Engineers Ireland report: Calls for State to double capital spending

Report: Government’s spend target of 2% of GDP not enough

Engineers Ireland describes the new Government’s capital plan’s spending target of 2% of GDP as “inadequate”; saying it needs to be raised to at least 4%.

At the launch of its “State of Ireland 2016” report, the engineering body said the Building on Recovery capital plan needs to deliver material progress in, what it describes as, “mission critical” areas like social housing, broadband, clean energy, schools, roads and flood defences.

Caroline Spillane, director general of Engineers Ireland said: “The Building on Recovery six-year plan provides for a mid-term review, but in truth the new Government should undertake the review now.”

State of Ireland 2016 looks at five key areas on infrastructure — energy, communications, transport, water and waste. It grades the country’s performance for each.

A large percentage of the report is given over to energy, with Engineers Ireland in particular demanding a radical overhaul of the country’s energy efficiency performance which, at savings of 8%-9%, currently stands at less than half of the EU’s mandatory 2020 target of 20%. It gave the country’s current energy efficiency performance a “D” grade.

“While policies are in place to encourage greater energy efficiency, it is clear that accelerated action will be necessary to further this progress, if Ireland is to successfully reach its obligations under the EU Renewable Energy Directive,” it said.

Engineers Ireland also pointed out that the EU requires 16% of the country’s total energy consumption to come from renewable energy sources by 2020 — at present the country is at just 8.6%.

Its incoming president and energy expert, Dermot Byrne, said that transport continues to account for a significant amount of the country’s carbon emissions.

“Engineers Ireland believes the national bus fleet and all vehicles operated by State agencies, including government ministers’ cars, should be converted to electric, compressed natural gas (CNG), and hybrid fuel sources,” he said.

“The roll-out of a network of CNG filling stations would cut our commercial fuel bill and transport gas emissions.”

The country’s communications network is graded “B” by the engineers. It pointed out that, while a recent European report ranked Ireland 8th in the EU for a range of digital integration issues, the rate of growth in the last year had been lower than the average for the rest of the EU.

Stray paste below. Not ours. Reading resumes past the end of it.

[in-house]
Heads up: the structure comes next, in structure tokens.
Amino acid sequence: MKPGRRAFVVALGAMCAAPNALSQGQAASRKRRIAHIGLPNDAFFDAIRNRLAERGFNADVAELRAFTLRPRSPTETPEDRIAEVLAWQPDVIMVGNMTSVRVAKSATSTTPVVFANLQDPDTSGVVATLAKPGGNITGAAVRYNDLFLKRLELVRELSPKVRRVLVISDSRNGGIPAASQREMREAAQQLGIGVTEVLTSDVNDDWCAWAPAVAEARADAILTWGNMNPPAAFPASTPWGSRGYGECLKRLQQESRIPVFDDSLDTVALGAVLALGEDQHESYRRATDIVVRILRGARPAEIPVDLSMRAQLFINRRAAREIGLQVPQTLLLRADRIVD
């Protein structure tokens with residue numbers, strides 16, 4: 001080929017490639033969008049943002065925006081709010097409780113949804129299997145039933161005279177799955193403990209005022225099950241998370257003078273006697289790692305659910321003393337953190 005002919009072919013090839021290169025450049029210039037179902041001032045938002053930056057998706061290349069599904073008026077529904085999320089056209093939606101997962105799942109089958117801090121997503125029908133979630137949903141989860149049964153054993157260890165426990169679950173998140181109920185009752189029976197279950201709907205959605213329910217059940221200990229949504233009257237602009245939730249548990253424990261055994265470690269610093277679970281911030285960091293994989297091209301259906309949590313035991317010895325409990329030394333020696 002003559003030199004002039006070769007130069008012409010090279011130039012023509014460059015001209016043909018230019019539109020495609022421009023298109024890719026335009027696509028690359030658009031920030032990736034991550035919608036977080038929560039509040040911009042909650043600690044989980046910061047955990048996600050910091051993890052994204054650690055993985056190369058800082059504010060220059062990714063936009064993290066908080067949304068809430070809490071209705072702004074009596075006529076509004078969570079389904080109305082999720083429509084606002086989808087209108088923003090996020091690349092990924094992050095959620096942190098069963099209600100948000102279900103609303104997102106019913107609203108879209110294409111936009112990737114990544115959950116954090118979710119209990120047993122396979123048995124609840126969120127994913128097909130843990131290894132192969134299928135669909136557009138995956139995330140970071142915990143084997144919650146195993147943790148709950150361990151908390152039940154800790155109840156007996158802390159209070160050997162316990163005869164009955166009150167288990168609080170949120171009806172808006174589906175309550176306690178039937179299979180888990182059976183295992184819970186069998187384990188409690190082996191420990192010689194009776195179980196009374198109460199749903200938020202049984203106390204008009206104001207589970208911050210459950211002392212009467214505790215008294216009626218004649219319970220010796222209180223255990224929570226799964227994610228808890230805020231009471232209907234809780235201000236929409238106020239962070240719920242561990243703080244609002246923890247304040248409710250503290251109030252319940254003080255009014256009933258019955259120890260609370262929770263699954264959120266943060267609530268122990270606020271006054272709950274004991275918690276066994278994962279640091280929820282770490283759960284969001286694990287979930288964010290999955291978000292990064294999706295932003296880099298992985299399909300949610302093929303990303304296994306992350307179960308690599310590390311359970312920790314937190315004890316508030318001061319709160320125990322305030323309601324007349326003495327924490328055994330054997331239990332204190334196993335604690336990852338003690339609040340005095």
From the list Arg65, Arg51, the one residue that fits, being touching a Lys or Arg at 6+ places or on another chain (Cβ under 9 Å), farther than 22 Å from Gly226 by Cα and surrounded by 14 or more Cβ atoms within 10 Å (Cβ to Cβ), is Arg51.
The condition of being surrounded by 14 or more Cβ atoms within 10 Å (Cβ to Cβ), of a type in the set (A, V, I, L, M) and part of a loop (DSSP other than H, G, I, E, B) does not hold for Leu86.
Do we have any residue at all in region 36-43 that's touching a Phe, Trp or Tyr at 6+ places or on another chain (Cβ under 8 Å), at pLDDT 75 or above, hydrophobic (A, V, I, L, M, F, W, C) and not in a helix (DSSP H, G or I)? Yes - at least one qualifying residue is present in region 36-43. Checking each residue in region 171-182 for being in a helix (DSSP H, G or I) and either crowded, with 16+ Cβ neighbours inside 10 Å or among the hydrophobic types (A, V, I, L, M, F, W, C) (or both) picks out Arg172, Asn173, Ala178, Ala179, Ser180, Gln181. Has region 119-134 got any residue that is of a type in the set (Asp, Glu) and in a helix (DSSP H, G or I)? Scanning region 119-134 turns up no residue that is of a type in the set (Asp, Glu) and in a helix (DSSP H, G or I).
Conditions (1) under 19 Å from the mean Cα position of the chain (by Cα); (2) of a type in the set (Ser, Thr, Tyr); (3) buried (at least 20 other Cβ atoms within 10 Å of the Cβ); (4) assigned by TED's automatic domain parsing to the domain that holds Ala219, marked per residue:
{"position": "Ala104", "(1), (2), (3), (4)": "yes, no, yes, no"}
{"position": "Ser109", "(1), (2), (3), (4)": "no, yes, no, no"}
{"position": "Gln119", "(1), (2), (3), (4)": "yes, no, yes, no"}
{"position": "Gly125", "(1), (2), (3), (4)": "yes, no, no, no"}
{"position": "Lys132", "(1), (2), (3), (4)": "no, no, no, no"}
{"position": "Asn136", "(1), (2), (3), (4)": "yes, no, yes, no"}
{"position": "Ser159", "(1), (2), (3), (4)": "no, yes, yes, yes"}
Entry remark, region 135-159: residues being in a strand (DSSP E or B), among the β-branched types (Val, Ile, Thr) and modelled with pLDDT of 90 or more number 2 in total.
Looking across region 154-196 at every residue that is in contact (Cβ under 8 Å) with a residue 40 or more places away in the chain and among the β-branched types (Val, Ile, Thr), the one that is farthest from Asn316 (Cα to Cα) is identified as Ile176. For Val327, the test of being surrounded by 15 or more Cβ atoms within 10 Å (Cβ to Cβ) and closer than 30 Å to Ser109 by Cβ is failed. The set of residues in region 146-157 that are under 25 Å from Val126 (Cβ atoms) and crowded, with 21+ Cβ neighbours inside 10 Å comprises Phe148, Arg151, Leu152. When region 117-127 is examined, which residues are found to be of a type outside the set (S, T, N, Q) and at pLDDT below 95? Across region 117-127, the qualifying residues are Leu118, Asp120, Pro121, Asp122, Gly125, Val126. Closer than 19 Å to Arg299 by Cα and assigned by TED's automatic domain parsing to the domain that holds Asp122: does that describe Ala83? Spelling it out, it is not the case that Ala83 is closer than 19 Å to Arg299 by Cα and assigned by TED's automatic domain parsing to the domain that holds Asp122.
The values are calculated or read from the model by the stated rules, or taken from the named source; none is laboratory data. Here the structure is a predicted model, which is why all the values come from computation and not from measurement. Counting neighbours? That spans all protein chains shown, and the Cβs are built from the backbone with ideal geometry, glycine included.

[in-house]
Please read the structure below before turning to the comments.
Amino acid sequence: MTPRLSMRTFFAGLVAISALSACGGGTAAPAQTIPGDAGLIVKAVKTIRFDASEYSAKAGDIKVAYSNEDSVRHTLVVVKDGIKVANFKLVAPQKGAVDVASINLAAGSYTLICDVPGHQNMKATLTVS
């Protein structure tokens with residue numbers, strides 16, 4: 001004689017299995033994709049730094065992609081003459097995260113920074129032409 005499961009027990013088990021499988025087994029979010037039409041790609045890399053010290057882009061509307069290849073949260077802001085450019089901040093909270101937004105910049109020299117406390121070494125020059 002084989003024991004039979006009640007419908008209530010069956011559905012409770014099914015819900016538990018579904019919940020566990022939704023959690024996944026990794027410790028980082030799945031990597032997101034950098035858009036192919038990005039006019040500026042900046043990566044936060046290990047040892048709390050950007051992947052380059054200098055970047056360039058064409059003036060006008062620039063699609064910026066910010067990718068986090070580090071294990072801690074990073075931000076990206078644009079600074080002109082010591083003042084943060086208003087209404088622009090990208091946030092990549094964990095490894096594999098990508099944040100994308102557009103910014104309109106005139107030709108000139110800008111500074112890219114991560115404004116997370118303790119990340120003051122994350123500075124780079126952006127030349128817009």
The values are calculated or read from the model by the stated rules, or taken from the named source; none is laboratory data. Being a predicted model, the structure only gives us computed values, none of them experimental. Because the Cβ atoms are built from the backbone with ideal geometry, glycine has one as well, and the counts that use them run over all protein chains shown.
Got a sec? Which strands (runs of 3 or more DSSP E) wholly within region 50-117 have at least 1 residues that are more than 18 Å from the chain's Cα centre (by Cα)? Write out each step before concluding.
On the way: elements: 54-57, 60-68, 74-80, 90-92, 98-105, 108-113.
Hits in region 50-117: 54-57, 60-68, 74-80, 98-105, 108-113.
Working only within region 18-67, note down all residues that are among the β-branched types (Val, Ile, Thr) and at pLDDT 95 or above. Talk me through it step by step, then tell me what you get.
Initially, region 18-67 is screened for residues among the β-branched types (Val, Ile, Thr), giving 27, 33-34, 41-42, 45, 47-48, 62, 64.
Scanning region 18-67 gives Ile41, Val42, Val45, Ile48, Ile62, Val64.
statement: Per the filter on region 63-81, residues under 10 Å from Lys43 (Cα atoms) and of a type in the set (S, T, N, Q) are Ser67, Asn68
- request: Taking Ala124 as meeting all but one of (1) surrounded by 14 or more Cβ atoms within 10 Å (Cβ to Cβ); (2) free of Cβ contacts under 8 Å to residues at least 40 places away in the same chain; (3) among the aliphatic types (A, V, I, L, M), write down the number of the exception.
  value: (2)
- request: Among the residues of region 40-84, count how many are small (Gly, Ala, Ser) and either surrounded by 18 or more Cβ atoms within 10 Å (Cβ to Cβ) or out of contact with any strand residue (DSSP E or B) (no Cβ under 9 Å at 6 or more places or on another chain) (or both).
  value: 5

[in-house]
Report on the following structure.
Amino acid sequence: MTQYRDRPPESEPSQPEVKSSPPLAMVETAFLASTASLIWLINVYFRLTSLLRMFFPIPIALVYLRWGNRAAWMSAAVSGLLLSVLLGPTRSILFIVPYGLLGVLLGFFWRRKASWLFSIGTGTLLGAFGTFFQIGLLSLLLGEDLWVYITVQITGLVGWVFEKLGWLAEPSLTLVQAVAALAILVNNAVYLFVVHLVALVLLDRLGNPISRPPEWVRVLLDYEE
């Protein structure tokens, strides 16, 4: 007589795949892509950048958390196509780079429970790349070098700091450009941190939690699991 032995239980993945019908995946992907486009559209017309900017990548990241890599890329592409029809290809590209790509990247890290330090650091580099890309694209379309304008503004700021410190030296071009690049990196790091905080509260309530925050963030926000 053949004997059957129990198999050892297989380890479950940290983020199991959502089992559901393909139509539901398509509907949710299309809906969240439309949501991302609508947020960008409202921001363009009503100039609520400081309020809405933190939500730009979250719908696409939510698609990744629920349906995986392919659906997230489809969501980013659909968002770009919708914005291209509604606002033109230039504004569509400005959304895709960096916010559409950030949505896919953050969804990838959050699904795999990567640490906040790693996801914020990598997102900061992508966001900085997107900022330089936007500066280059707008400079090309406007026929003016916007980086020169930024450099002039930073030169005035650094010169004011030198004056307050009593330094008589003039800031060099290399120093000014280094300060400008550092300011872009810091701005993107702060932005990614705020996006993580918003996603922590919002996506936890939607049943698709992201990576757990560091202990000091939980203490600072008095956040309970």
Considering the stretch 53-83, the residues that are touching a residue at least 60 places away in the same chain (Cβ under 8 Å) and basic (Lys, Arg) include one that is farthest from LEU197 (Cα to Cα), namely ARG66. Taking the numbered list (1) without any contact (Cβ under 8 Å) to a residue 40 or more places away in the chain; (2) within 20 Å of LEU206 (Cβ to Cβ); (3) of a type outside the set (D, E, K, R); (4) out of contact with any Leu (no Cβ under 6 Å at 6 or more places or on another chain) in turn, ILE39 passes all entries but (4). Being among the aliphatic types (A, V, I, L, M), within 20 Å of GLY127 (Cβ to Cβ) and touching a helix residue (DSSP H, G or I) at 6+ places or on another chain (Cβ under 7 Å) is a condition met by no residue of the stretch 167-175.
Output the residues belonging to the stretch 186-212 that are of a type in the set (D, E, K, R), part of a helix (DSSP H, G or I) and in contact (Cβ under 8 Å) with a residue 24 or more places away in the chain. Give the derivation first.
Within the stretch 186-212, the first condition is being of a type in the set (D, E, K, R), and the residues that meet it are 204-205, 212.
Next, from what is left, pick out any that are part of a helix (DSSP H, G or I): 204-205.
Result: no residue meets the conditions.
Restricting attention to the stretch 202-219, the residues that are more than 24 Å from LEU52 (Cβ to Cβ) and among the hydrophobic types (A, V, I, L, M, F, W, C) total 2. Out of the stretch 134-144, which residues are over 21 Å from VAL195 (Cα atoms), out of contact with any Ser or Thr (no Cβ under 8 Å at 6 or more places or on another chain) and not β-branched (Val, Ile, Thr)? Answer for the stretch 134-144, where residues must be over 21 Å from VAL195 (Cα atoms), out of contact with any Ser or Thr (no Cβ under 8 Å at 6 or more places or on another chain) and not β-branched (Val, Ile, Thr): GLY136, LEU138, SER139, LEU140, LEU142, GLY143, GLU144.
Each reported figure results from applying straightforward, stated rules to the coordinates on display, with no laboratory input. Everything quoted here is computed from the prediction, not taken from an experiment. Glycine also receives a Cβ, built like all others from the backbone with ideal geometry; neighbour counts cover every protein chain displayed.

It said €2bn has been invested in broadband network infrastructure by industry over the past four years and the expectation is that 1.6m homes will have access to high-speed broadband provided by commercial operators “in the near future”, approximately 70% of all premises. It said the remaining 30% of premises not served by broadband represent the target for State intervention.

The transport network is given a “C” grade with the engineers saying limited financial resources during the economic downturn had left national roads badly in need of investment.

“Beyond the motorways, Ireland’s remaining road network is in very variable condition and is not capable of meeting usual demand, certainly not to an international level,” it said.

The engineers call for a light rail network in Cork to be examined.

The report gives Ireland’s waste-water and flood management efforts “D” grades while its water quality and water supplies get “C” grades. It said 156 wastewater treatment plants are “overloaded” and do not meet required standards.

On water supply it found that more than half of the 900 water supplies have one or more deficiency and are below the industry standard and 29,165 customers are under boil-water notices. 47% of treated water is lost through leakage with the average water main now 75 years old.

Finally on waste, the engineering body gave a “C” grade. It found that municipal waste that is not treated in Ireland is currently being exported for recovery abroad which, it said, was a lost economic and resource opportunity, as if that waste was treated at home, it would contribute to meeting renewable energy targets.

“More treatment facilities are required, as outlined in the regional waste plans. However, the policy environment in Ireland has not sufficiently incentivised the market to attract the investment needed.”

Energy — Grade C

The Government has been urged to revise energy policy every three to five years
The Government has been urged to revise energy policy every three to five years

12-month recommendations

  • Develop implementation plan with clear targets and milestones which details actions around the ambitions identified in the Govern-ment’s energy white paper
  • Progress the north–south interconnector to further bolster security of supply and reduce cost to the consumer
  • Accelerate education programmes for communities and individuals on the benefits of energy efficiency and switching to renewable fuels through retrofitting their homes or community-driven district heating systems
  • Ministers encouraged to replace their existing fossil fuel-powered cars with hybrids or electric vehicles and Irish state agency car, van, and bus fleets also progressively converted

Five-year recommendations

  • Review and revise energy policy every three to five years, and inform the process with reports on progress made, gaps to target and new technological developments.
  • Maintain investment in the transmission and distribution networks to meet the needs of a growing economy and the transition from fossil fuels to renewables
  • Encourage renewable energy and harness Ireland’s naturally occurring renewable resources